Terrorism promotes religious amity and national security!By CHARLES ONYAONGO-OBBO | Monday, July 9 2012 at 10:29
On Sunday, July 1, terrorists carried out their deadliest attack in Kenya since the US embassy bombing of August 1998. Hooded gunmen attacked two churches in the northeast town of Garissa, shooting worshippers and blowing them up with grenades. In all, 17 people were killed, and dozens wounded.
Two rather unusual things followed. First, within hours, the Kenya government announced a wide-ranging reshuffle of police chiefs. The unusual thing about this was the speed with which this was done.
Now, Garissa is the heartland of the Kenyan Somali population, and predominantly Muslim. The attacks on the churches seem to have been intended to spark a Muslim-Christian conflict.
In Garissa, though, the Muslim leaders were energised and announced that the community was going to mobilise Muslim youth to protect the churches. Those who still remember Kenya in 2010 in the lead-up to the referendum on the new Constitution, when the debate between Christian and Muslim hardliners reached a shameful low over the issue of kadhi’s courts, must have been impressed by this show of inter-faith solidarity.
Because most African governments’ view of national security is to protect the president, his cronies, and keep them in power by suppressing the opposition, intelligence organisations tend to be little more than state-funded thuggish wings of ruling parties or First Families.
However, across the continent, terrorism is forcing governments to professionalise sections of the security services, and to improve state efficiency.
Al Shabaab struck in the Uganda capital Kampala in July 2010 on the night of the World Cup final. Over 70 people were killed, and hundreds injured.
Because Uganda had been expecting such an attack since sending troops to Somalia three years earlier, its intelligence on the July bombing was extremely good.
It had every detail of the terrorists’ plans. There was only one problem: Several pieces of the intelligence were held by different security organisations, and their leaders did not come together to share and agree joint action, because of inter-agency political rivalry.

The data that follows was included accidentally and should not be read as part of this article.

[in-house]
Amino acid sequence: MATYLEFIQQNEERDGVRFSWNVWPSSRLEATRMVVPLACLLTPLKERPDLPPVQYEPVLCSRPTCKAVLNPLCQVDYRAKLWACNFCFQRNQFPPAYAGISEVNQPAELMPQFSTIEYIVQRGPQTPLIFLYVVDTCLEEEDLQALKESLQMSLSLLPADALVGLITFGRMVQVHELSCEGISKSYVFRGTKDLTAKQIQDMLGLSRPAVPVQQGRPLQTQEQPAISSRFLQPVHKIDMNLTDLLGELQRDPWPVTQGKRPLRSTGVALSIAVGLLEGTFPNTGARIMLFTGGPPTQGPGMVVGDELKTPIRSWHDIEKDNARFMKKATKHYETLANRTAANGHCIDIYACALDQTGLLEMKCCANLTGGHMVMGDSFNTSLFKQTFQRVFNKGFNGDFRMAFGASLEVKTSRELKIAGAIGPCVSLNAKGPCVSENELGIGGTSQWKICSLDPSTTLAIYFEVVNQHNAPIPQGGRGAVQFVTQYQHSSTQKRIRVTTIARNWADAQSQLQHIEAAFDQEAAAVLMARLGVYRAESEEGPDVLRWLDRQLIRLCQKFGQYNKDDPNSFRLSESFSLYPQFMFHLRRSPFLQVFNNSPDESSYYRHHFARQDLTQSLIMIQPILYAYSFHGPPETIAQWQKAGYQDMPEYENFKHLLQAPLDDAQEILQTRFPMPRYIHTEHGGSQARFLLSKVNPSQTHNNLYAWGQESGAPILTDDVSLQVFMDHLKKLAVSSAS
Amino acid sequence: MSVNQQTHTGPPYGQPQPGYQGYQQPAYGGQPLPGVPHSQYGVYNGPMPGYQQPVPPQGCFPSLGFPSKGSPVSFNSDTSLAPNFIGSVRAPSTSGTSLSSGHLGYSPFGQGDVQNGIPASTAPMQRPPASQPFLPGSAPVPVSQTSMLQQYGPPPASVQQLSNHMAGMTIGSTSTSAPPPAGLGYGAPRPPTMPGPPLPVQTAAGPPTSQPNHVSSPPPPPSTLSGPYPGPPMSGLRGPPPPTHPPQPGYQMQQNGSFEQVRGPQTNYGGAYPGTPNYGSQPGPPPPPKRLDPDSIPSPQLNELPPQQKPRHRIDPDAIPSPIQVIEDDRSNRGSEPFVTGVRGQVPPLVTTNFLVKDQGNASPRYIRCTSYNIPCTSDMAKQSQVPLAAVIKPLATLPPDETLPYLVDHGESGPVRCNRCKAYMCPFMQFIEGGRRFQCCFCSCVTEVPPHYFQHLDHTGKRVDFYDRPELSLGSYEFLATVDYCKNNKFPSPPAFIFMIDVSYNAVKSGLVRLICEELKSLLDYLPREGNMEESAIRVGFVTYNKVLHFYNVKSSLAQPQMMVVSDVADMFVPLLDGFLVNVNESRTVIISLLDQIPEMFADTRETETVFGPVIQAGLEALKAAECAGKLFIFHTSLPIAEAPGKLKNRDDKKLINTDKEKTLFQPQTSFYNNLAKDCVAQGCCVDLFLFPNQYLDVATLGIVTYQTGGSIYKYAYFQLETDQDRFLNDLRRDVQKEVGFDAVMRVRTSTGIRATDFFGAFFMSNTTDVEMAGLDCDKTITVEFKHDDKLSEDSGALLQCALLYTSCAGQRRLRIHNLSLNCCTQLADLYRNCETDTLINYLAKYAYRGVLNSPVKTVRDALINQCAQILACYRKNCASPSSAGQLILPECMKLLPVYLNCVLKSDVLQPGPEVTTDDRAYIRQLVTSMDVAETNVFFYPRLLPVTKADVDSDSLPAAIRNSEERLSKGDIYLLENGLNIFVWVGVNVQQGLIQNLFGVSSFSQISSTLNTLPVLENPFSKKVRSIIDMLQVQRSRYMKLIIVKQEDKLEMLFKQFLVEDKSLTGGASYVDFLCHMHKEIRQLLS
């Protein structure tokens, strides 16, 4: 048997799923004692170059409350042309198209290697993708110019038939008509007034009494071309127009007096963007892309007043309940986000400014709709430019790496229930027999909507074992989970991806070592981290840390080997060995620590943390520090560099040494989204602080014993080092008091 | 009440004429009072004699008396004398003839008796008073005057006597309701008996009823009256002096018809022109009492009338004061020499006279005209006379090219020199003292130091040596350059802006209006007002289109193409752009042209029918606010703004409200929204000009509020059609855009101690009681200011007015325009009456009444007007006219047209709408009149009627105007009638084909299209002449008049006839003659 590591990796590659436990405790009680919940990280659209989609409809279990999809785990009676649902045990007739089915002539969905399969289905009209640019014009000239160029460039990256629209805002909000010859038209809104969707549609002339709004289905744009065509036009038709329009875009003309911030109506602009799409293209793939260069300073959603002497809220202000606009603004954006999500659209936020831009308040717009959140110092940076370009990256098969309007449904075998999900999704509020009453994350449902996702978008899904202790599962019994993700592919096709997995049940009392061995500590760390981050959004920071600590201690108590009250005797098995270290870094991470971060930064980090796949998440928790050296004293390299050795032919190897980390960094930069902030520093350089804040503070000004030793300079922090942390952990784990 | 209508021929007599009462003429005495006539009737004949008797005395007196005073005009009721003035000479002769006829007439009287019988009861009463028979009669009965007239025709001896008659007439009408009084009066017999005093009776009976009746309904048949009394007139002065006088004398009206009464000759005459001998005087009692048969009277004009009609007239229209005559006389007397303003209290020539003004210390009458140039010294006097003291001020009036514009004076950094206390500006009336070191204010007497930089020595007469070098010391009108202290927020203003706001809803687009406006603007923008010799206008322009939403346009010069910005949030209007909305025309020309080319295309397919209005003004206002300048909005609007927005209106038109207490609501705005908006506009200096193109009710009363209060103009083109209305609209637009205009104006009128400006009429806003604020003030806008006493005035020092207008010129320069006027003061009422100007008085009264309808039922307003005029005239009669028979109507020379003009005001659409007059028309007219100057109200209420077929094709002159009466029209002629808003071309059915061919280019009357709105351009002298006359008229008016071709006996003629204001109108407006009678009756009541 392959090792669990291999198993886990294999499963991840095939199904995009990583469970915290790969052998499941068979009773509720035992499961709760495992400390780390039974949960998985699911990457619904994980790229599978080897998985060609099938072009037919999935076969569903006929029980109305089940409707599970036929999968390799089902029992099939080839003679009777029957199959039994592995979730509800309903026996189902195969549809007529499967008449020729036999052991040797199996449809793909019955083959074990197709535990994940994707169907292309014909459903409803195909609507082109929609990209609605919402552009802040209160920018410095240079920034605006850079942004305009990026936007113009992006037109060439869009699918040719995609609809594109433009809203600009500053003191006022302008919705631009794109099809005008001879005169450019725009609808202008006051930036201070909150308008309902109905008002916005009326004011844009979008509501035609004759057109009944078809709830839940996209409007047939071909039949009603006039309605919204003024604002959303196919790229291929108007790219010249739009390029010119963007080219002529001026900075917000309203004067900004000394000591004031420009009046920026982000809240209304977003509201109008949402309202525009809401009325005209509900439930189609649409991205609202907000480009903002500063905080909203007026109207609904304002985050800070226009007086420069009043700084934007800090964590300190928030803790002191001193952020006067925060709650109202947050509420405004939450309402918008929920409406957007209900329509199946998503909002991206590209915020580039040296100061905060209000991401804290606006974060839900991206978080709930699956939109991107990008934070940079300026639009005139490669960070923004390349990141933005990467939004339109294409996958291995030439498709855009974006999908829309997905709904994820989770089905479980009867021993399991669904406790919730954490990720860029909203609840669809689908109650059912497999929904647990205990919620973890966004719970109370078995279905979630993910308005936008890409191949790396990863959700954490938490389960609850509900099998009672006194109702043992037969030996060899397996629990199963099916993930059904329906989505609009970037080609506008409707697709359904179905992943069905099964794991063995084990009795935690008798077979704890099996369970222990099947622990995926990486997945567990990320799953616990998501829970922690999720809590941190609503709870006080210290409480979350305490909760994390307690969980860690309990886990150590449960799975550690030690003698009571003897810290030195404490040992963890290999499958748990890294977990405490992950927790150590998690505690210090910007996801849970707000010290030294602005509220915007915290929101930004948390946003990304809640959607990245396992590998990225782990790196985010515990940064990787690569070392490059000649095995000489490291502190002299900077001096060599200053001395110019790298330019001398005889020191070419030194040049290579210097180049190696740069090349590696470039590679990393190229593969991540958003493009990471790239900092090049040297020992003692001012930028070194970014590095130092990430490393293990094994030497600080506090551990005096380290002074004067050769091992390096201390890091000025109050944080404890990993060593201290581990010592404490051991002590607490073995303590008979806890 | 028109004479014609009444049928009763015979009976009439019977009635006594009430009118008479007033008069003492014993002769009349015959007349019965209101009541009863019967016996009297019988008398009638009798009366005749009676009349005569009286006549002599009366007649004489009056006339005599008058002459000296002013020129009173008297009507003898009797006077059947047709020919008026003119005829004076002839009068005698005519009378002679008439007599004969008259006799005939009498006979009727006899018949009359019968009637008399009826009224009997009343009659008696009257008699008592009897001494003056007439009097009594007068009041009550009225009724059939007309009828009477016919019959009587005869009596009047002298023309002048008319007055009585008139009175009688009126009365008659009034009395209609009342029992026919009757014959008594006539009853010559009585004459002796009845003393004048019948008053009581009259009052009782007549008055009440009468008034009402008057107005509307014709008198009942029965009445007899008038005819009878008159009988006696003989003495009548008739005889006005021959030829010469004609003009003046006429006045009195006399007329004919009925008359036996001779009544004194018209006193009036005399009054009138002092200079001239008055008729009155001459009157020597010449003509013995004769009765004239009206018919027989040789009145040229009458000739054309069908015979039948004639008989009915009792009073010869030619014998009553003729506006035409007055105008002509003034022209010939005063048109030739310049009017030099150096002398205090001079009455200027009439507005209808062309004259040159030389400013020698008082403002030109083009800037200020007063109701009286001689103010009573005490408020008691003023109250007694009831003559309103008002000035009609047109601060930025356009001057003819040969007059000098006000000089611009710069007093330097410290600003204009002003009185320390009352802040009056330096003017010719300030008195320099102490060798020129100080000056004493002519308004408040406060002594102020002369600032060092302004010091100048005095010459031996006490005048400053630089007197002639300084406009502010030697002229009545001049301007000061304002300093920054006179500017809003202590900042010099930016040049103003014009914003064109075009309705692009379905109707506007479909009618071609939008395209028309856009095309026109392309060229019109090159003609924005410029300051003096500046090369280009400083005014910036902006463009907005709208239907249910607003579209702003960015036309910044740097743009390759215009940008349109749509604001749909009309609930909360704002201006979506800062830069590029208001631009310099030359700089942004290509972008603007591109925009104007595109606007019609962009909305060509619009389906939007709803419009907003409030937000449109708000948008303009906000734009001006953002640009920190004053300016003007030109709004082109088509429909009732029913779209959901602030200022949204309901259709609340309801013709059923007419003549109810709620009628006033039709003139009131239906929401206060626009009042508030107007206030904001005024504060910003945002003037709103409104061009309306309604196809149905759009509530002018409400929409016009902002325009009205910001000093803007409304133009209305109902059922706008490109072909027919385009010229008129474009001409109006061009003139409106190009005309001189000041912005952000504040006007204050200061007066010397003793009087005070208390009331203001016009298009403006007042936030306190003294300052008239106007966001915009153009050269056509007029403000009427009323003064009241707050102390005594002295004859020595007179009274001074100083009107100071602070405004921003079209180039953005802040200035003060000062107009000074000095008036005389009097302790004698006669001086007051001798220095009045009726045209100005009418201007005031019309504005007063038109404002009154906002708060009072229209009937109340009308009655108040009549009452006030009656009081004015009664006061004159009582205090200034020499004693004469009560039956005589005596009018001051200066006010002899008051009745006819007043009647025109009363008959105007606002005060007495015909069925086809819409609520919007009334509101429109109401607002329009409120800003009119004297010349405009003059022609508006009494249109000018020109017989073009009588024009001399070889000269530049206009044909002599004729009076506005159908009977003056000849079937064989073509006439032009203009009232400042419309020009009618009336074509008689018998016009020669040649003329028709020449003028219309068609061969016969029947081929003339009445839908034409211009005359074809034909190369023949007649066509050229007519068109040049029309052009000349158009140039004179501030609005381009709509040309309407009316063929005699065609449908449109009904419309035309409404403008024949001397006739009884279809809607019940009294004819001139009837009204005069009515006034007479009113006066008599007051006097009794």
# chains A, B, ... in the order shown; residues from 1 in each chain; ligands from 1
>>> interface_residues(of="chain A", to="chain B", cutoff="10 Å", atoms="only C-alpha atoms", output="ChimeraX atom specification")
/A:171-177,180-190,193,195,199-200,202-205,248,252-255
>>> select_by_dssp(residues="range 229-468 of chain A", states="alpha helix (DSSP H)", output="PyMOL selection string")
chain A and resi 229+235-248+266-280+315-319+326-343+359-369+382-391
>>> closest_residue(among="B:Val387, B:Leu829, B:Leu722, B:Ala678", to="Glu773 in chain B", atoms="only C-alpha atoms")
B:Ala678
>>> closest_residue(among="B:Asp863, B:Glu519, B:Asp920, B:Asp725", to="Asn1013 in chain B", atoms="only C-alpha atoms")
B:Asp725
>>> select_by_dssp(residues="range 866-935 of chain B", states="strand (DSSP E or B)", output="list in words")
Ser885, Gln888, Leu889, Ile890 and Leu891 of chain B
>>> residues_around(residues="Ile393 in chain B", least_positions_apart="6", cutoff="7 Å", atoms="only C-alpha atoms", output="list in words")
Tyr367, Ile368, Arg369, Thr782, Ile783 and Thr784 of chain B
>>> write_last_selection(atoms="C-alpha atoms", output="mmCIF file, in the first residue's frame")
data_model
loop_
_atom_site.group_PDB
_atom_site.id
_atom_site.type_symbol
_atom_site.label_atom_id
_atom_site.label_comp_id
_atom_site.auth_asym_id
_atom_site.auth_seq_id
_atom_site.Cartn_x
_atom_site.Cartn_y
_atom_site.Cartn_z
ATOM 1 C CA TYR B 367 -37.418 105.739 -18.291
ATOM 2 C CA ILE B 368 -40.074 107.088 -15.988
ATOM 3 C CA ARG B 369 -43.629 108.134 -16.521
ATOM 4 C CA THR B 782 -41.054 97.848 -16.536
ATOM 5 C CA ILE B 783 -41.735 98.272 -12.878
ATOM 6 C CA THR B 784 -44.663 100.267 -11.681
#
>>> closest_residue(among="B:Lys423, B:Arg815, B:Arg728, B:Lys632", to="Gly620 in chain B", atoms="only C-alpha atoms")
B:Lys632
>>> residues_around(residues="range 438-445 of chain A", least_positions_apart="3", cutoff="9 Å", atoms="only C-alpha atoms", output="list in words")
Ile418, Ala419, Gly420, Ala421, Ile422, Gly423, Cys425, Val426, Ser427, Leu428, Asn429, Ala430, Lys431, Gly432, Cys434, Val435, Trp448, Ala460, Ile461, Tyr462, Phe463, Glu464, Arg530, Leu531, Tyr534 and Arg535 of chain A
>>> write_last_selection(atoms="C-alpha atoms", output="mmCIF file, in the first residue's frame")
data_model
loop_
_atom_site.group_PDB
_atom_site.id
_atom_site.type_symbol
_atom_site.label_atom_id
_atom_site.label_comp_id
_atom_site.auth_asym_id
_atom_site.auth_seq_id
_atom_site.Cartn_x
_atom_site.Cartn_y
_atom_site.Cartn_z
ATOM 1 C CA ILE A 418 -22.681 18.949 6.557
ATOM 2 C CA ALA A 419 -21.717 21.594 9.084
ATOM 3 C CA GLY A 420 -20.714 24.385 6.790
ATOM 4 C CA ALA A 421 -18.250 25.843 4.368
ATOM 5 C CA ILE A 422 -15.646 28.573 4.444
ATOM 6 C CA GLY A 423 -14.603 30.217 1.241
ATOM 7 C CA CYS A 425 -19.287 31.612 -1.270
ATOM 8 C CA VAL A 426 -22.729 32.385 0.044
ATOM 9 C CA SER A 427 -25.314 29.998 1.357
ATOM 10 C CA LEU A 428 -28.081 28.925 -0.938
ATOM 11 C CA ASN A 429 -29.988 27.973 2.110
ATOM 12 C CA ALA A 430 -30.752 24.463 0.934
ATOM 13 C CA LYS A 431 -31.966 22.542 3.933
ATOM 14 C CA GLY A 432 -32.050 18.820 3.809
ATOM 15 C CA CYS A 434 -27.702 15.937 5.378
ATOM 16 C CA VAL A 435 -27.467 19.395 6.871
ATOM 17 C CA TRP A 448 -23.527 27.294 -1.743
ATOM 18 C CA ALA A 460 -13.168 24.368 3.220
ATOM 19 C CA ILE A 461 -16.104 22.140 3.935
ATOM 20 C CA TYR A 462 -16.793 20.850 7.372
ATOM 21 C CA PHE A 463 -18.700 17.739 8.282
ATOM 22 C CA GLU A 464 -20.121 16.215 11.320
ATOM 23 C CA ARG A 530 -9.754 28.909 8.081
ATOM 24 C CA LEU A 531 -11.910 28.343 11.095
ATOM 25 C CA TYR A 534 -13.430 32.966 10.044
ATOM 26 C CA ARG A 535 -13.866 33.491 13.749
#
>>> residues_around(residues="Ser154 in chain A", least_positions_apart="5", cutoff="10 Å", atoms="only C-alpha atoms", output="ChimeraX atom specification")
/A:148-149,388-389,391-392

In that sense, terrorism is good. It has frightened regional governments into taking a broader view of the national interest, and hence to take baby steps in the professionalisation of the intelligence services.
Also because the “enemy” is increasingly defined as external, sections of the security services have had to be diverted from spying on the domestic opposition and human-rights activists.
Without terrorism, few African countries would have computers and cameras at immigration. The money that goes into buying them would have been eaten by big people in the Security Ministry.
If Al Shabaab wants to collapse the “infidel” regimes in East Africa, it should do nothing. By launching terrorist attacks, it forces them to build and thus strengthen their security and state capabilities. And in places like Garissa, it leads to the rise of the moderate and pragmatic Muslim leaders — hardly what it wants.
Charles Onyango-Obbo is Nation Media Group’s executive editor for Africa & Digital Media. E-mail: email@example.com. Twitter: @cobbo3
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